Lapsus$ in February compromised Nvidia, stealing a terabyte of data that included proprietary information and employee credentials, and dumping some of the data online. The crew also demanded the GPU giant remove limits on crypto-coin mining from its graphics cards, and open-source its drivers.
The Apple iPhones of at least nine US State Department officials were compromised by an unidentified entity using NSO Group's Pegasus spyware, according to a report published Friday by Reuters.
NSO Group in an email to The Register said it has blocked an unnamed customers' access to its system upon receiving an inquiry about the incident but has yet to confirm whether its software was involved.
"Once the inquiry was received, and before any investigation under our compliance policy, we have decided to immediately terminate relevant customers’ access to the system, due to the severity of the allegations," an NSO spokesperson told The Register in an email. "To this point, we haven’t received any information nor the phone numbers, nor any indication that NSO’s tools were used in this case."
BadgerDAO, maker of a decentralized finance (DeFi) protocol, said on Wednesday that it is investigating reports that millions in user funds have been stolen.
"As Badger engineers investigate this, all smart contracts have been paused to prevent further withdrawals," the company wrote in a Twitter post. "Our investigation is ongoing and we will release further information as soon as possible."
PeckShield, a blockchain security firm, put the losses at $120.3 million, if translated to fiat currency.
A Ubiquiti developer has been charged with stealing data from the company and extortion attempts totalling $2m in what prosecutors claim was a vicious campaign to harm the firm's share price – including allegedly planting fake press stories about the breaches.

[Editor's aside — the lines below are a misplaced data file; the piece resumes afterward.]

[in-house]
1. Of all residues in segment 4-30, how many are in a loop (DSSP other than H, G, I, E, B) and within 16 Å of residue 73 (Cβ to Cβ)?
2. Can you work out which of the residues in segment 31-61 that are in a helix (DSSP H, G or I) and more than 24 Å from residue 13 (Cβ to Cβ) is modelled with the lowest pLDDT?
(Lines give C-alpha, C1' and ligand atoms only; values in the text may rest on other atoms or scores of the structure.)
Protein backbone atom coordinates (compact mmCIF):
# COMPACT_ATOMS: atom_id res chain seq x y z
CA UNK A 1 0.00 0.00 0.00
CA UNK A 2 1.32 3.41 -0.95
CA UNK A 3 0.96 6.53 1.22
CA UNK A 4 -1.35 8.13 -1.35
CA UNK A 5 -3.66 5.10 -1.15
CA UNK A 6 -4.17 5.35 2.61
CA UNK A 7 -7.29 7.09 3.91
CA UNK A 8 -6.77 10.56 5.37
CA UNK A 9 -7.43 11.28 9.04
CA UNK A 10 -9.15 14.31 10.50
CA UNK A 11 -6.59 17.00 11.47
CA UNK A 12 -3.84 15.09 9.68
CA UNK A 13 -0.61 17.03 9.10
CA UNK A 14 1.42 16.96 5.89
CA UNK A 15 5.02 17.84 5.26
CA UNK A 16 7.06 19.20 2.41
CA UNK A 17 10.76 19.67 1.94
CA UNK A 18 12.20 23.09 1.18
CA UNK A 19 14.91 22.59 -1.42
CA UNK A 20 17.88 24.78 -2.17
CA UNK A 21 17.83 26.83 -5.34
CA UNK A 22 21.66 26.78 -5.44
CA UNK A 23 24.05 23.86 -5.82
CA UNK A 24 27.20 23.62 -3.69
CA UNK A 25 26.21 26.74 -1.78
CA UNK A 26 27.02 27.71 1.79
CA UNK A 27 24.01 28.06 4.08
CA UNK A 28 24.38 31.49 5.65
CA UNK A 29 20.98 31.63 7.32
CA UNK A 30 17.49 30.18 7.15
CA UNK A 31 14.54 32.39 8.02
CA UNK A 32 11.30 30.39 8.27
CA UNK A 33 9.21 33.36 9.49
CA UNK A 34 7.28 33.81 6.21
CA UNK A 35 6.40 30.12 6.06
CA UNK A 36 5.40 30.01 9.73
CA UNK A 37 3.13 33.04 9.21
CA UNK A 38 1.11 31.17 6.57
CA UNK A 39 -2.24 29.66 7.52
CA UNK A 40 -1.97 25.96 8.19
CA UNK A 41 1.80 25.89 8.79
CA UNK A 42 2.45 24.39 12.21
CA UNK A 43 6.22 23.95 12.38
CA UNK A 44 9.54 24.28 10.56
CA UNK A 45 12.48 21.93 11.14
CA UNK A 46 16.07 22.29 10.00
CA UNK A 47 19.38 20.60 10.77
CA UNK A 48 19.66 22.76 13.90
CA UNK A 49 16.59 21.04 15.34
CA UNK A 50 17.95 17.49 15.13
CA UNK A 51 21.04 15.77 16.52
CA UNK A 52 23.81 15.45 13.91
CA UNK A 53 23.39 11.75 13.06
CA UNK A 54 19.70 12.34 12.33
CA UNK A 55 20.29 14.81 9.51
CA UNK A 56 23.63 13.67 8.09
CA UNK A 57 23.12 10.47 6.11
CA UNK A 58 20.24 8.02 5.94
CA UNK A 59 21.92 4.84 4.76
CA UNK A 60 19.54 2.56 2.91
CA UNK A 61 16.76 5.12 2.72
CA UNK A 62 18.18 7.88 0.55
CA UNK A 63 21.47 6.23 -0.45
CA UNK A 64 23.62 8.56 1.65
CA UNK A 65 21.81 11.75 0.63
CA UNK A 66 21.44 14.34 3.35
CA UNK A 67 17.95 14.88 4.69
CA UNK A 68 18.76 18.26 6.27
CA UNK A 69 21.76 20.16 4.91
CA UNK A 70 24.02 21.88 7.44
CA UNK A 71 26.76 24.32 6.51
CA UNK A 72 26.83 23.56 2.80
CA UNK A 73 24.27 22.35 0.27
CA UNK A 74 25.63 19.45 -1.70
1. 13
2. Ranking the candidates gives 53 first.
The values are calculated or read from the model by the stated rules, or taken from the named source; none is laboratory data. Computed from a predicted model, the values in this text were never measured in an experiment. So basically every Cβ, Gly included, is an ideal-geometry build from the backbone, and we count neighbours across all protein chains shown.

US federal prosecutors claimed that 36-year-old Nickolas Sharp had used his "access as a trusted insider" to steal data from his employer's AWS and GitHub instances before "posing as an anonymous hacker" to send a ransom demand of 50 Bitcoins.
The DoJ statement does not mention Sharp's employer by name, but a Linkedin account in Sharp's name says he worked for Ubiquiti as a cloud lead between August 2018 and March 2021, having previously worked for Amazon as a software development engineer.
A zero-day exploit said to have been developed by the NSA was cloned and used by Chinese government hackers on Windows systems years before the cyber-weapon was leaked online, it is claimed.
Check Point put out a report on Monday digging into Chinese malware it calls Jian, and argues persuasively this particular software nasty was spawned sometime around 2014 from NSA exploit code that eventually leaked online in 2017.
The timeline basically seems to be, according to Check Point: